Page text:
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occupy everywhere

What Comes After May Day for Occupy Wall Street?

On a day long touted as the return of Occupy Wall Street, Union Square was part protest, part social justice fair, and part music festival. Morning rain clouds and underwhelming crowds made for a slow start on Tuesday, but by 3 p.m., people were pouring in from the north end of the park to enjoy the May Day sunshine and share their many, many concerns. Income inequality, stop-and-frisk, immigration reform, corporate tax rates, justice for Trayvon Martin, sanctions against Iran, and even Ron Paul 2012 — each and every issue had representation, and then some.

"All of our grievances are connected," read the sign atop a massive multicolored maypole. But it wasn't clear how — coherence and momentum still felt elusive for the famously leaderless movement, despite spirited sing-a-longs, witty signs, and smiling faces.

For months, organizers have held up the international workers' holiday as "the big kickoff of phase 2 of Occupy," first promising a general strike and then softening their language to call for "a day without the 99 percent." Still, New Yorkers went about their business mostly unbothered as attempts at disruptive actions mostly fizzled. A march across the Williamsburg Bridge saw a bit of snarled traffic and some scattered arrests, as did more hardline anarchist gatherings on the Lowest East Side and in Washington Square Park, with around 30 demonstrators detained through the early evening. Rallies in midtown made stops at banks and restaurants. But overall, things were largely peaceful and unobtrusive, with the NYPD well prepared.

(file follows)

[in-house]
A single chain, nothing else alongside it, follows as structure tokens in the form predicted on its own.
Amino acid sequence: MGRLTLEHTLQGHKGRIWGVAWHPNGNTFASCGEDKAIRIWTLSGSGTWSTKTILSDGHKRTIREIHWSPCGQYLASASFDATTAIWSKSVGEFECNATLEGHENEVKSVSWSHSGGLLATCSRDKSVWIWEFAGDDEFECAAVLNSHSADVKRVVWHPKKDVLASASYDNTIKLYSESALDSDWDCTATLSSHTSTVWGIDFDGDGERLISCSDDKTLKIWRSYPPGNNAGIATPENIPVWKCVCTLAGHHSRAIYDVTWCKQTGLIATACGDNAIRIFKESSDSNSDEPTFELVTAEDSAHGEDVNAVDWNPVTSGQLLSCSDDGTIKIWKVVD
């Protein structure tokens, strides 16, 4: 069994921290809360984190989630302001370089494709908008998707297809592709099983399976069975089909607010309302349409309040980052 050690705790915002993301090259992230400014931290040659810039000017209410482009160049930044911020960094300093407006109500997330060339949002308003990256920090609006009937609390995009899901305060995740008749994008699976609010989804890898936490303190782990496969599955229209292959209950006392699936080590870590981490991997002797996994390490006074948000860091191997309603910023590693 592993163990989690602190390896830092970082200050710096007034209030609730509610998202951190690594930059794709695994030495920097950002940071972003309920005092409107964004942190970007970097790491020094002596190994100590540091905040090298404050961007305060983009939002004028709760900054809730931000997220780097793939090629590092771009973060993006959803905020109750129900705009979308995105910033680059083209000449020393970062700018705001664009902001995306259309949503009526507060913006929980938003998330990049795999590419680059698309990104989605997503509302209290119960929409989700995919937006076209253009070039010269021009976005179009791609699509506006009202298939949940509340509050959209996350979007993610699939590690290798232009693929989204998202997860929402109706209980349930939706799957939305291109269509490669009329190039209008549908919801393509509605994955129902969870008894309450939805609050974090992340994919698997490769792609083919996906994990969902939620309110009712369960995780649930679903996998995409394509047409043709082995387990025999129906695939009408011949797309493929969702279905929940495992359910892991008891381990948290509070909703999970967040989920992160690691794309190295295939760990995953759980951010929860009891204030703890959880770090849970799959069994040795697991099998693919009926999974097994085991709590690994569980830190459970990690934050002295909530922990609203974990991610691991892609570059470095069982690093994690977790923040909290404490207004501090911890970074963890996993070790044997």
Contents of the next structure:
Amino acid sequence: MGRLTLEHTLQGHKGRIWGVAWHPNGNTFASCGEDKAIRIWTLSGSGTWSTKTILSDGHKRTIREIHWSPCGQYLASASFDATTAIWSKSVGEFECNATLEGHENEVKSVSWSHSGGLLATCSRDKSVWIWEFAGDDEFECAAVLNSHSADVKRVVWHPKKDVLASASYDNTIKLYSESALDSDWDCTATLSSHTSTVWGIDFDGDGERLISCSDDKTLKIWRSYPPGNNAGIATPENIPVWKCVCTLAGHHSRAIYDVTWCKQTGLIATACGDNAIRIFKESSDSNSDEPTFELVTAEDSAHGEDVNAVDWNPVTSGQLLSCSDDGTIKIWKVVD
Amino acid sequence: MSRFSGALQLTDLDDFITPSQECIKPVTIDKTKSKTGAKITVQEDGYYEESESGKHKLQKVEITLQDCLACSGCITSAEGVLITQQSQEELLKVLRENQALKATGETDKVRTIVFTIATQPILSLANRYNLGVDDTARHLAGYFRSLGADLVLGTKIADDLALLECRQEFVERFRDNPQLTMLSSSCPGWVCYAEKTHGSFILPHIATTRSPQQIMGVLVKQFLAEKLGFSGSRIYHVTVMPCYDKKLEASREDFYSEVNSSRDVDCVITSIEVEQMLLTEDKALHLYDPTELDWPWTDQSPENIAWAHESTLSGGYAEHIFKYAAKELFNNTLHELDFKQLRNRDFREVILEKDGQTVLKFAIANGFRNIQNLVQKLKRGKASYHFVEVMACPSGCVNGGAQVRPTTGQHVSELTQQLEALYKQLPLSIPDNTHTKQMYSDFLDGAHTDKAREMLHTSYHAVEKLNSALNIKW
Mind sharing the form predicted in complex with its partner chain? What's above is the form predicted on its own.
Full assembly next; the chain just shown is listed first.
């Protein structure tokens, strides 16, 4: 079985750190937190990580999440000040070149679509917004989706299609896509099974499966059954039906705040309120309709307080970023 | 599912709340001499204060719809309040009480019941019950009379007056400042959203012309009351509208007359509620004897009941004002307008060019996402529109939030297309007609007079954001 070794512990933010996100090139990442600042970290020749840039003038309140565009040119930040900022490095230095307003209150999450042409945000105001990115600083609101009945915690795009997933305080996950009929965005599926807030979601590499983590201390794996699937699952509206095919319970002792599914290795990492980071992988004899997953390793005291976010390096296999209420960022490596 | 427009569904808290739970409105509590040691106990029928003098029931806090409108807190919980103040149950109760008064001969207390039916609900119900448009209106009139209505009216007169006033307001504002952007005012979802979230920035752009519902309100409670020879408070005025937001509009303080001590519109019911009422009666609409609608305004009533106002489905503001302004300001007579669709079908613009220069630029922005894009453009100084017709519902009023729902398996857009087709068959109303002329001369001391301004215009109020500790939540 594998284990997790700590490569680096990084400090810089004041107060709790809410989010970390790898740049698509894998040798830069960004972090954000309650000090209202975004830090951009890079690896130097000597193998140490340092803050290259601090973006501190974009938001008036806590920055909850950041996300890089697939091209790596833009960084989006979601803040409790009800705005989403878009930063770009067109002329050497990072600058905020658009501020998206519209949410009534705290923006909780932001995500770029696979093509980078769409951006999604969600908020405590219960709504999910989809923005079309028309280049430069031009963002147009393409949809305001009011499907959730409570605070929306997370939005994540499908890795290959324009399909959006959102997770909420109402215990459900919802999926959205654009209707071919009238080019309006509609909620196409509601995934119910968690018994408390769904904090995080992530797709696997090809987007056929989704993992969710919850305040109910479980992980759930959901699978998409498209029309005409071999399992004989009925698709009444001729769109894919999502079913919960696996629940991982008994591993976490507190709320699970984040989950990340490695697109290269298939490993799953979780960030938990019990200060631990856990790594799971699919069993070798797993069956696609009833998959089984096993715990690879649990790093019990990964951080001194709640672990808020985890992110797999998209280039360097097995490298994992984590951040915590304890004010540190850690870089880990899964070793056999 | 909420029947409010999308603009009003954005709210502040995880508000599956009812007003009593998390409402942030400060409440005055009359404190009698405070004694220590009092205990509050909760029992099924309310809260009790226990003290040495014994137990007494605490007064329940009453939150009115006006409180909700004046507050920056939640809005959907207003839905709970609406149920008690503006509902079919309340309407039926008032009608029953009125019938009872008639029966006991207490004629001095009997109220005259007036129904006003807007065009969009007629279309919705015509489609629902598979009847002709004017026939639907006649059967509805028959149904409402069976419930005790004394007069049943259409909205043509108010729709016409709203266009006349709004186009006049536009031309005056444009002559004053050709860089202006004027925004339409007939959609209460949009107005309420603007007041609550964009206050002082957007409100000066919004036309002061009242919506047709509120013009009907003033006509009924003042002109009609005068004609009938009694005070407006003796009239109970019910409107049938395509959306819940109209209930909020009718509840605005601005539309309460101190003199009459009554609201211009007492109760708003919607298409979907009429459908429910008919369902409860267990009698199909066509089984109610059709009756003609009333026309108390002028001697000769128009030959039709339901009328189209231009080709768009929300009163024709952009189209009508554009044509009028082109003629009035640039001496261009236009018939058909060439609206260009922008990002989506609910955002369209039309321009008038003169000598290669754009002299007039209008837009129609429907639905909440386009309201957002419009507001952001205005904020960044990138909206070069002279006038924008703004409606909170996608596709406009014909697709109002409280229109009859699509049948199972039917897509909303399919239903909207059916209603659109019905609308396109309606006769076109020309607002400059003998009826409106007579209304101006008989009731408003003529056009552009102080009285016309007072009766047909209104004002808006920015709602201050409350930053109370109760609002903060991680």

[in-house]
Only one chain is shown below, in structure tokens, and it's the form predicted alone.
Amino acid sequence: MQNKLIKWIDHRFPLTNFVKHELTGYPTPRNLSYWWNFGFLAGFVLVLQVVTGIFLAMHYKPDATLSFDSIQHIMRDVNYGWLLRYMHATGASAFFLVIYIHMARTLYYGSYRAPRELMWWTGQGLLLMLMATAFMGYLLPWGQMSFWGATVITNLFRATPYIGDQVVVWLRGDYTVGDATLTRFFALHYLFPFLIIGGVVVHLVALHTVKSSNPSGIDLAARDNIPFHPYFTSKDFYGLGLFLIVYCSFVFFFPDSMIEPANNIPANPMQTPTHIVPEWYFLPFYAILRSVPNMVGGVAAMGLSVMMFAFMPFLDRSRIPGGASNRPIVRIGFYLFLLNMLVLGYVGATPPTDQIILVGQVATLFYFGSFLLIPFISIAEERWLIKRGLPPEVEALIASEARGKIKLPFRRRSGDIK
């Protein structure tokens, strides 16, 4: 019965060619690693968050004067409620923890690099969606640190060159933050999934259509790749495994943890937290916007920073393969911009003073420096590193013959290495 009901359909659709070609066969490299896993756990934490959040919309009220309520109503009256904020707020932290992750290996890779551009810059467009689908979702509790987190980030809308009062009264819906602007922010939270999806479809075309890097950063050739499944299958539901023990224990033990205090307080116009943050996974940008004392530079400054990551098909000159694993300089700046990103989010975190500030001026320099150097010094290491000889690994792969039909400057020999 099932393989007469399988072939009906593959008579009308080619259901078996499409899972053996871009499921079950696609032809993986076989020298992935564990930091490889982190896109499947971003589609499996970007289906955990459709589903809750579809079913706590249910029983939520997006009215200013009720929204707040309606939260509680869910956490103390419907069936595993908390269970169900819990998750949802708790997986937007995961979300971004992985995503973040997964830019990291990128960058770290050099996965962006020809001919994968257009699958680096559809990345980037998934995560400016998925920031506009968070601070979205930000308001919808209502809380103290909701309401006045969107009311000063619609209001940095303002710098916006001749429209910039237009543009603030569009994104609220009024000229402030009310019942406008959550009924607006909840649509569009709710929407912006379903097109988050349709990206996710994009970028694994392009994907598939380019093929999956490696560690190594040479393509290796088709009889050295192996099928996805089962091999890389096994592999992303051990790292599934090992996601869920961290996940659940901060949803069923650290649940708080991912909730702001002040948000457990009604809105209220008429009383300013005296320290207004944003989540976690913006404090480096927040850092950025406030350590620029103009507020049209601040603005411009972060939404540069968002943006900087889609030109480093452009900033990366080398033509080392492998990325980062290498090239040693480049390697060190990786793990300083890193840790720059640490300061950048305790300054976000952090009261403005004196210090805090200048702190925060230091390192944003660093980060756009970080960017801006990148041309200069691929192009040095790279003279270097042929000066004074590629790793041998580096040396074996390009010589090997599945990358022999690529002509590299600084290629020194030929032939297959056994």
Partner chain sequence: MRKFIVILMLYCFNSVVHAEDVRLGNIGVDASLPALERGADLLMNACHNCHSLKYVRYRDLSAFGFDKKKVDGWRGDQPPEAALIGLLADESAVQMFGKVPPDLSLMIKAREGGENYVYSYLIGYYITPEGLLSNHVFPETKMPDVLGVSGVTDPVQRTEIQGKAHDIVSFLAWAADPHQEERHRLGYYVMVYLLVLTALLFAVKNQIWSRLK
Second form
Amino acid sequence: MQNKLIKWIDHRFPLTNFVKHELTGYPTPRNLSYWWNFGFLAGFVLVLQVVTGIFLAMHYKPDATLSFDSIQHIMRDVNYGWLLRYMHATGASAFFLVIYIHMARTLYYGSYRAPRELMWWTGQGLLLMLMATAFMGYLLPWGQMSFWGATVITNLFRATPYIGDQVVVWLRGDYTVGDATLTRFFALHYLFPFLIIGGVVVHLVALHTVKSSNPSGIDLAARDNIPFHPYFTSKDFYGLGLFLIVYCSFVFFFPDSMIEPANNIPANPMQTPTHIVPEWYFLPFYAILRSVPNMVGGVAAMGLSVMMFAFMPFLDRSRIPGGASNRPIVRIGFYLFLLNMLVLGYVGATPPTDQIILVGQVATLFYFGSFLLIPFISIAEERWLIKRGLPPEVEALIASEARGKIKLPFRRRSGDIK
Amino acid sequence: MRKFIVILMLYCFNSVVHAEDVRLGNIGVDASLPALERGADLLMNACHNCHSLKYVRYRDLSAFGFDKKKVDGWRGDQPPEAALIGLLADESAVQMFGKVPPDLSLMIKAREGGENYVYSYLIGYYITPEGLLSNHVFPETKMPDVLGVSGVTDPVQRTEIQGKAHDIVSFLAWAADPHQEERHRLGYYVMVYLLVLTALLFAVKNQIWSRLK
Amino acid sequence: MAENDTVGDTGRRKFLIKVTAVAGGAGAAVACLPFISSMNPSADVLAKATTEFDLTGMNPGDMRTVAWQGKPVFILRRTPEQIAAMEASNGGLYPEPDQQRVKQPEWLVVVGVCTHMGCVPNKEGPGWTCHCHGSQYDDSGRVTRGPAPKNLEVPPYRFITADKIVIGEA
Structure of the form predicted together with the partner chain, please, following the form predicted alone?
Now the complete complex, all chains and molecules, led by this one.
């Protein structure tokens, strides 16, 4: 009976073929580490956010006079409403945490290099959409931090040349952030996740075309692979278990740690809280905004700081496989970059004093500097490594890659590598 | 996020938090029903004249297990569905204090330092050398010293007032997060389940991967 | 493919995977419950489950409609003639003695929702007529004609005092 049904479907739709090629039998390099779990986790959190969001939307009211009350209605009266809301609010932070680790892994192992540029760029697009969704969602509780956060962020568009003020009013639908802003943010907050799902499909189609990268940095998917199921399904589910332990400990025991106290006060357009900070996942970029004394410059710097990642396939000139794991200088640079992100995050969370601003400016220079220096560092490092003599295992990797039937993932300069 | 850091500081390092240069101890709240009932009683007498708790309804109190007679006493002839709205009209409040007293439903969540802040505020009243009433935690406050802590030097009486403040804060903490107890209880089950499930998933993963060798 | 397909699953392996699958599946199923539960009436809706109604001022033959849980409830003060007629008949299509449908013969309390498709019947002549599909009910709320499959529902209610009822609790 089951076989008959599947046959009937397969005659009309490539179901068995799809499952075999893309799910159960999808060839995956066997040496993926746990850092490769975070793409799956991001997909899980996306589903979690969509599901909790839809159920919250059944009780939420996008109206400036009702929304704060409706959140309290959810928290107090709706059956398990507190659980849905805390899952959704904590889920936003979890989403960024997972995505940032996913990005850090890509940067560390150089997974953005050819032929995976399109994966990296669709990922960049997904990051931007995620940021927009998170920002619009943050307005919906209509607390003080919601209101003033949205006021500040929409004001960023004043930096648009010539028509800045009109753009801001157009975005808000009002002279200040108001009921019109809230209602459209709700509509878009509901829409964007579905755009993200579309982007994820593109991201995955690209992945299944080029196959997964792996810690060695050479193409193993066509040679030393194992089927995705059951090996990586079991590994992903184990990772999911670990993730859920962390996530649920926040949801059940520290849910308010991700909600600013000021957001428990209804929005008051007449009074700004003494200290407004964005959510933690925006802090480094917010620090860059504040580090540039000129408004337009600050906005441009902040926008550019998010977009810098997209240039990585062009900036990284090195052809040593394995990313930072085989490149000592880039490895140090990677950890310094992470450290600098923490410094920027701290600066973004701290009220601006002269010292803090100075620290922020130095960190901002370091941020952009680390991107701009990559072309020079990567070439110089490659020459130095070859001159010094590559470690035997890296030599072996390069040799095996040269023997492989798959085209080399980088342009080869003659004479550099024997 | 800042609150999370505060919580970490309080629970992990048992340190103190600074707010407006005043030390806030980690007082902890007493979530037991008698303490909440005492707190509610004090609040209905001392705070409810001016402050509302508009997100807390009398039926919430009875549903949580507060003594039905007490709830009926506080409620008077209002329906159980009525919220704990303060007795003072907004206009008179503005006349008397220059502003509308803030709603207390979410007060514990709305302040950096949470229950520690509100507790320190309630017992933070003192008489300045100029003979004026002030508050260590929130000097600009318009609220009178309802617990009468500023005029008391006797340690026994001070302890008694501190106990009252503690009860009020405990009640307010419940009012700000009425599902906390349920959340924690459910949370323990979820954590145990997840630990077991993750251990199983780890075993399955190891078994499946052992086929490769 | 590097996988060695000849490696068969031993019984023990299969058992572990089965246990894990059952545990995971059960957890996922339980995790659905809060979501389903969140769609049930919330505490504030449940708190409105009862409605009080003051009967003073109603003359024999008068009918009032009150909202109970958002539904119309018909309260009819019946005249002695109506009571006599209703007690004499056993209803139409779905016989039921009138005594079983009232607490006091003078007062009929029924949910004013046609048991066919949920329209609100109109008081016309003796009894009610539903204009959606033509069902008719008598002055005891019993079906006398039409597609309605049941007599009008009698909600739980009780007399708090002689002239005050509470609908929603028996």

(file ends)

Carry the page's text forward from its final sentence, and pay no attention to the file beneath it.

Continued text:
It all coalesced in Union Square, where bilingual immigration and living wage speeches gave way to Rage Against the Machine guitarist Tom Morello's "Guitarmy." As he led the crowd in "some rebel jams," including Woody Guthrie's "This Land Is Your Land," weed smoke crept through and calm cops lined the barricaded perimeter. Morello's generic onstage chant encapsulated the afternoon: "World wide rebel songs/ Sing out loud all night long/ Hang on man, it won't be long/ World wide rebel songs." It was overreaching, and rang somewhat empty.

Rappers Das Racist and Immortal Technique performed, too, while a dance-off led by Dan Deacon didn't quite catch on. Each musician traded messages of solidarity with the eager crowd, but the mission was murky at best — equal parts college campus Spring Fling and Occupy Wall Street Spring Offensive.

When the impressively large concert crowd eventually mobilized for a march down Broadway toward Wall Street and the formerly occupied Zuccotti Park, again clashing intermittently with police, it was hard not to be nostalgic for the fiery fall, when the movement momentarily had the world's attention on heated protests against corporate greed. But without a permanent occupation of actual real estate, these disparate groups have little holding them together outside of the day's all-purpose event. Perhaps only a fraction of the allied groups will come out the next time they're called upon. May Day might have been a ball, but it increasingly feels like the larger Occupy party is over.

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